By Peter Spence, Economics Correspondent 26 May 2015
The euro has slipped by more than 0.7pc against the dollar as traders digest conflicting messages from the country’s officials
Yanis Varoufakis has called on Greece's creditors to "get their act together" Photo: Kostas Tsironis/Bloomberg
Yanis Varoufakis, the Greek finance minister, said on Tuesday that the country’s creditors must “get their act together” as loan deadlines approach for the embattled country.
The government has until Friday to pay public sector salaries, a week before the first of a string of repayments to the International Monetary Fund, totalling around €1.6bn (£1.1bn) in June alone, must be paid.
Nikos Voutsis, the Greek minister of the interior, said on Sunday that “this money will not be given and is not there to be given”. But on Tuesday Mr Varoufakis insisted that “we will make the payment because I have no doubt that we will have an agreement”.
The euro slipped by more than 0.7pc against the dollar, as traders digested these conflicting messages from the country’s left-wing Syriza officials.
Kit Juckes, of Societe Generale, said: “The Greek government will need some form of deal in order to release further funds if it is to avoid missing payments to the IMF in June.”
He added: “Whether Greek prime minister Alexis Tsipras can negotiate a deal that is acceptable to enough MPs of his party isn't clear and markets are once again, very edgy.”
Over the weekend, a slim majority of Syriza's central committee voted for Mr Tsipras's potential compromise agreement. These included "red lines" on pensions and labour reform. Holger Schmieding, chief economist at Berenberg, said that this was a package "lenders cannot accept".
Mr Schmieding said that Mr Tsipras had made "impossible promises" during his election campaign. The prime minister "still refuses to get real and strike the kind of deal that could end the recession and unlock the money needed to keep Greece afloat," he added.
However, in a further indication of the fine line Mr Tsipras must tread, a large group of Syriza members voted for a counter proposal, which openly raised the prospect of returning to the drachma.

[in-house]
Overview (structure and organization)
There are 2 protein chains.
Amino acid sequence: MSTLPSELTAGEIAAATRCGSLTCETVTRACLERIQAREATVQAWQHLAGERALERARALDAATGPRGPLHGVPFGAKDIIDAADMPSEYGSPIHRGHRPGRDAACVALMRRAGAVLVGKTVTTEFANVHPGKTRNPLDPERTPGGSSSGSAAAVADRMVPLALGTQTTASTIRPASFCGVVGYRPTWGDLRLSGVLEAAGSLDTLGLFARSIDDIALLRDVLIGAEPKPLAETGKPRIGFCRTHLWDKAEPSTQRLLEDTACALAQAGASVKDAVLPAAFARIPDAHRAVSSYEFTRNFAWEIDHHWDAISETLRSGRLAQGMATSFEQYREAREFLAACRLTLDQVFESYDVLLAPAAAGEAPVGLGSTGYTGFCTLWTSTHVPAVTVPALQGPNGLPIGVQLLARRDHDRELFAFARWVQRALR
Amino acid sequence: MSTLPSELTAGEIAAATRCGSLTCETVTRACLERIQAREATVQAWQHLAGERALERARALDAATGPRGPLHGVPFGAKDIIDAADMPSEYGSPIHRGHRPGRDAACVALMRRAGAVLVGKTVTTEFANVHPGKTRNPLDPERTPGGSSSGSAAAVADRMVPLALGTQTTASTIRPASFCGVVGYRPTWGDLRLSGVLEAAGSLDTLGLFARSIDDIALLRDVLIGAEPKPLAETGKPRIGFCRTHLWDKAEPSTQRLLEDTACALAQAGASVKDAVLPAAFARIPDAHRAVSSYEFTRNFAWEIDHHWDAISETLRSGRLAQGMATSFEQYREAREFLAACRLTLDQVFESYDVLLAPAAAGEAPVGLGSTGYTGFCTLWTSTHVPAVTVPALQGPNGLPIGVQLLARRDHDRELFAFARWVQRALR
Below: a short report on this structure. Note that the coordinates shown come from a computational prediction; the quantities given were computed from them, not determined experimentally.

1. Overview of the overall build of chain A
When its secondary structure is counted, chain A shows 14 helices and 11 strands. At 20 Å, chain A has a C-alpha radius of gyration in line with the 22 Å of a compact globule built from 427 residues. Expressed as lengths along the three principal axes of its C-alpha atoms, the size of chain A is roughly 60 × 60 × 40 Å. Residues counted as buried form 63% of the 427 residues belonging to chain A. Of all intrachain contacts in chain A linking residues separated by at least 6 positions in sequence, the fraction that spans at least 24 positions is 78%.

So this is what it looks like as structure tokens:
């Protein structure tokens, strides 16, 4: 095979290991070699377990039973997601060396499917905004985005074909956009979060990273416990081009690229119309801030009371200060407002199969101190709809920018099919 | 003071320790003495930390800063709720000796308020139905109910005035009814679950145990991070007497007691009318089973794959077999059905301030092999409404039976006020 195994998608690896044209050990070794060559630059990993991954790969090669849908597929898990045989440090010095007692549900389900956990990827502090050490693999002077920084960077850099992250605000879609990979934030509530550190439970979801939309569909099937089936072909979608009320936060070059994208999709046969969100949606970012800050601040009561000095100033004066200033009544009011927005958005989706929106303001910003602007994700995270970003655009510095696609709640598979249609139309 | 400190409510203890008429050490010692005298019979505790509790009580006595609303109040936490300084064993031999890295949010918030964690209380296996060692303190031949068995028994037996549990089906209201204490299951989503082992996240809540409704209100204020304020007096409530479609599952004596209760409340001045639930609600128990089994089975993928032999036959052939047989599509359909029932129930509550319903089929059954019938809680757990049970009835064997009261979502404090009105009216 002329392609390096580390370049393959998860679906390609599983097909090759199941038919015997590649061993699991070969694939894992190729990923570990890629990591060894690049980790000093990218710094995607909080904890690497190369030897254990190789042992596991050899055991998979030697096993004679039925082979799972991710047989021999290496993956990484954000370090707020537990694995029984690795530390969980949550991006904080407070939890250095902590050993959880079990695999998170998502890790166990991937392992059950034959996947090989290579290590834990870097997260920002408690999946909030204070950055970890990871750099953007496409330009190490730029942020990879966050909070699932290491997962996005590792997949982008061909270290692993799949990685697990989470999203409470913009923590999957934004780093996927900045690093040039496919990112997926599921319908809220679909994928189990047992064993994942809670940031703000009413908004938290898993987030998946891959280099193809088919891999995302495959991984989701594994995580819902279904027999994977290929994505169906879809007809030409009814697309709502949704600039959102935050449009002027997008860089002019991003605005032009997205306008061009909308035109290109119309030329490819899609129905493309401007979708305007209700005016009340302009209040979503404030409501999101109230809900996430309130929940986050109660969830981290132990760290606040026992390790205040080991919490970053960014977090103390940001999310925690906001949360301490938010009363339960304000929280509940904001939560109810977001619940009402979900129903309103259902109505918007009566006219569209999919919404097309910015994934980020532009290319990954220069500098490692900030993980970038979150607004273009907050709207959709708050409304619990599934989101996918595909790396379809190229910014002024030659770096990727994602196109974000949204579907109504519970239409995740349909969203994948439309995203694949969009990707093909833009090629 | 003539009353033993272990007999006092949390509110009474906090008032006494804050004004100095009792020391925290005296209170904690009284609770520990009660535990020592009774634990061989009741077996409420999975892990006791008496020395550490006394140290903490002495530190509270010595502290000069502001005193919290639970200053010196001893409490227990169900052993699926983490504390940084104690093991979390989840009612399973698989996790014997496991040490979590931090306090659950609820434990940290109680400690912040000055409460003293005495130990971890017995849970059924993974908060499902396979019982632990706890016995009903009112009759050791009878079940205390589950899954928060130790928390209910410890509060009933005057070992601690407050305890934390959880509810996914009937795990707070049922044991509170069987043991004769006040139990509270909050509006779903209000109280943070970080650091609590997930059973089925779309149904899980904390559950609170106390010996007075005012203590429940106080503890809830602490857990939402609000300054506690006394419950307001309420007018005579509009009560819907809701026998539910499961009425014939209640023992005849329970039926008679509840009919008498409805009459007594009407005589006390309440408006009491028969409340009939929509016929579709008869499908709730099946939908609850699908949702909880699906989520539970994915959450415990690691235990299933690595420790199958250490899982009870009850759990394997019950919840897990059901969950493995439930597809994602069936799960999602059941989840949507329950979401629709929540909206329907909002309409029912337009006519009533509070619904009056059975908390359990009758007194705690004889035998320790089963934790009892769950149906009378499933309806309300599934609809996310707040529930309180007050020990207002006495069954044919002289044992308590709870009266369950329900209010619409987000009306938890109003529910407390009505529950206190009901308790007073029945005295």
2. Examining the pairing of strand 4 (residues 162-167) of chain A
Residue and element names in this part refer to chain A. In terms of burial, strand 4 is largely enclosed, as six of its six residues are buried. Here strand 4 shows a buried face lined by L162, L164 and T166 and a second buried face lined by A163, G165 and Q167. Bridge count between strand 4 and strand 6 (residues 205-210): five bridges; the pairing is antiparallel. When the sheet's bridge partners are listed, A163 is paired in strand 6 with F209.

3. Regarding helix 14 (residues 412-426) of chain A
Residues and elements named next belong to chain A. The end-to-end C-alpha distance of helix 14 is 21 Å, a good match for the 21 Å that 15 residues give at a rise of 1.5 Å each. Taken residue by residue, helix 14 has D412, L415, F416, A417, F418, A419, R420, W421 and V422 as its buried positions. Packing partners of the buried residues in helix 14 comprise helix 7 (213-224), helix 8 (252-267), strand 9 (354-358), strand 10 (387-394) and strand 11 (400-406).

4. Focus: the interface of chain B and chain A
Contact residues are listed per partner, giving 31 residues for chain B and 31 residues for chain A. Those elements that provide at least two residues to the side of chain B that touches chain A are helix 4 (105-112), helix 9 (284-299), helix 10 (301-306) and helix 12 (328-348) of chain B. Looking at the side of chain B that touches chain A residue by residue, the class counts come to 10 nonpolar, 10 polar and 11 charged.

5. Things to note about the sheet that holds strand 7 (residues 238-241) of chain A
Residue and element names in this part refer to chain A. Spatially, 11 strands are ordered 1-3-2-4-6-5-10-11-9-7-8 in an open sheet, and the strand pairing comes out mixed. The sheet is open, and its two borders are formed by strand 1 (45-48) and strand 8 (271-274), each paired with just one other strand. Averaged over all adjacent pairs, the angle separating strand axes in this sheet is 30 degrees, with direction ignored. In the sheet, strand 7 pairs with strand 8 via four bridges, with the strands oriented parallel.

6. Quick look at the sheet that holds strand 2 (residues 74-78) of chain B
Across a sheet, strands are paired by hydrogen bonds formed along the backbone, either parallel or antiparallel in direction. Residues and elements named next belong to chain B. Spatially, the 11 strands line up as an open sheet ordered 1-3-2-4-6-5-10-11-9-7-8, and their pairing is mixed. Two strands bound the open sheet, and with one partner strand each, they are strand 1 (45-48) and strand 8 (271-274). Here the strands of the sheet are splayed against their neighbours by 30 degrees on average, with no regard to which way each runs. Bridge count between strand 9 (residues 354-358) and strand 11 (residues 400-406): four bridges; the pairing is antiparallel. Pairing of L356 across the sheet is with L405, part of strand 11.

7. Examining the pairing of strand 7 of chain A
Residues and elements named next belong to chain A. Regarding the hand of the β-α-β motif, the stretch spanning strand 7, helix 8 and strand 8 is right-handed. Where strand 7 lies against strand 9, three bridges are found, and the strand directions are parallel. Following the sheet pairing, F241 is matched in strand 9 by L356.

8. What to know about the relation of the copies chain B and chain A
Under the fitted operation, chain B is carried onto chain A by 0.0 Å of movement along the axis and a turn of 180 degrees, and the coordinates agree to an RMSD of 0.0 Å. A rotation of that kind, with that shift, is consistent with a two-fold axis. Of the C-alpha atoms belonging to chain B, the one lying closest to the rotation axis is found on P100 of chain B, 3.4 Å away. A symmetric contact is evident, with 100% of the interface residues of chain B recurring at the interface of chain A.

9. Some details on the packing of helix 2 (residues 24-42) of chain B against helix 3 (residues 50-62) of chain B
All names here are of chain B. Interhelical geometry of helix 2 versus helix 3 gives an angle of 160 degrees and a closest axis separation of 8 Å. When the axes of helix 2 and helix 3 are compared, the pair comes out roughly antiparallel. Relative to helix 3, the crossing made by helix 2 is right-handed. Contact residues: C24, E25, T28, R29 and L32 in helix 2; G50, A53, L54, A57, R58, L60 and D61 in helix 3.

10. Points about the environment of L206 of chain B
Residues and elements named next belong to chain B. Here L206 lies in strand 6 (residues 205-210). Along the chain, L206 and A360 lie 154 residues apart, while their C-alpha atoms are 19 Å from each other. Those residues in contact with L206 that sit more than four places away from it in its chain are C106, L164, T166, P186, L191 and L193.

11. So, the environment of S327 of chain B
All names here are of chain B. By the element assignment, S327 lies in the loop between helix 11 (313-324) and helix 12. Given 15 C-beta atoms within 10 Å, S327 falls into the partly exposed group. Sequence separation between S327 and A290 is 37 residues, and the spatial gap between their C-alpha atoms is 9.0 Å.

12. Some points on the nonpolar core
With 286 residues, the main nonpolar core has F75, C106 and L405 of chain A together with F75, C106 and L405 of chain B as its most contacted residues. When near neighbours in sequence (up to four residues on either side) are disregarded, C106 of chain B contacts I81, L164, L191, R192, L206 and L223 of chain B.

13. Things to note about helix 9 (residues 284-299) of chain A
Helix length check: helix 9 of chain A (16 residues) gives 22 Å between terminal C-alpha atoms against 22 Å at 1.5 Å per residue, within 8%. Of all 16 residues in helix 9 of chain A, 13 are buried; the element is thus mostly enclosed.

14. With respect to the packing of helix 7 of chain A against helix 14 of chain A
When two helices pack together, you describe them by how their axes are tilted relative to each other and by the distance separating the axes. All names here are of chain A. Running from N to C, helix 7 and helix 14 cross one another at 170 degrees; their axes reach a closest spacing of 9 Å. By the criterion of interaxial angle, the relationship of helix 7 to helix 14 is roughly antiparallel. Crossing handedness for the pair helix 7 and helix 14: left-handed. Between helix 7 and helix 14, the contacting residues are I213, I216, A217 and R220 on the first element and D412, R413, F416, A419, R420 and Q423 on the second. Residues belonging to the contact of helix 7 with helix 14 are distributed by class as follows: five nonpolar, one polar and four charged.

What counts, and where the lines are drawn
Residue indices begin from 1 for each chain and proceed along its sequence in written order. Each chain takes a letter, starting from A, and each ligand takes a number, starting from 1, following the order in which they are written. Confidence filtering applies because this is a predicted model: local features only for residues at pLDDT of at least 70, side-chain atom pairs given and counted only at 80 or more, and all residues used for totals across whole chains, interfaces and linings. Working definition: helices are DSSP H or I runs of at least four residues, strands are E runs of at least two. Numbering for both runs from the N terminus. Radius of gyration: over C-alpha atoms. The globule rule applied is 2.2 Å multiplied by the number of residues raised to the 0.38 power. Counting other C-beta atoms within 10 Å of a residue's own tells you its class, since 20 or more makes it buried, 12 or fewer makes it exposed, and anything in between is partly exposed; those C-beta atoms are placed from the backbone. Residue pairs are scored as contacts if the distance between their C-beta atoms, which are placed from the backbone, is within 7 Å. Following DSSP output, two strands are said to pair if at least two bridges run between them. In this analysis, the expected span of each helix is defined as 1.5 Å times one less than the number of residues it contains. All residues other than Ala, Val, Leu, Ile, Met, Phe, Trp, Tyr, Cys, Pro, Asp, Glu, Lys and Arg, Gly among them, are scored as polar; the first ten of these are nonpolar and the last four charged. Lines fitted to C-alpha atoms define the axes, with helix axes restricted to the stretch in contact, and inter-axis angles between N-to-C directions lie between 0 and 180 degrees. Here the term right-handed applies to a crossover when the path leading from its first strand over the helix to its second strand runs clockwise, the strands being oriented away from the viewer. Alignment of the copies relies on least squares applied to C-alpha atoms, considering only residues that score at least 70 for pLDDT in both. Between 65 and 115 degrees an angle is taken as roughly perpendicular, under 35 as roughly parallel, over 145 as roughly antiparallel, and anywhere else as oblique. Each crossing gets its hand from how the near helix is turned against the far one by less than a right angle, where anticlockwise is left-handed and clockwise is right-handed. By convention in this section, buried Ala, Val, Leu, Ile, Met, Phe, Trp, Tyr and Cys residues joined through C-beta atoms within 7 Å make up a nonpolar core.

Mr Schmieding said: "Greece does not seem to have sufficient funds to make all four June IMF instalments."
Talking about the €300m payment due to be made to the IMF on June 5, Gabriel Sakellaridis, a Greek government spokesman, said on Monday: “To the extent that we are able to pay, we will keep on repaying these obligations.”
An unnamed German official, speaking to Reuters, said: “I find it encouraging, if it is true, that the Greeks signalled yesterday their desire to repay the €300m.” He added: “I find it encouraging because it means that Greece has understood that without the IMF this won't work.”
“I think there is reason to believe that we will not be talking about a default situation around June 5, neither before or immediately thereafter,” he continued, on condition of anonymity.
Mr Varoufakis has said that at some point the Greek government would have to make a choice between paying salaries and paying international creditors.
The decision is one “that no minister of finance should ever have to make”, Mr Varoufakis said, adding: “And of course the choice that makes under those circumstances is clear cut, isn’t it?" This was widely seen as an indication creditors would be left empty handed.
Varoufakis demands creditors 'get their act together' as Greeks cling to 'impossible' promises - Telegraph
Mr Schmieding said: "Once a payment is missed, the risk of escalating trouble, such as open bank runs and major political upheaval in Athens, will rise."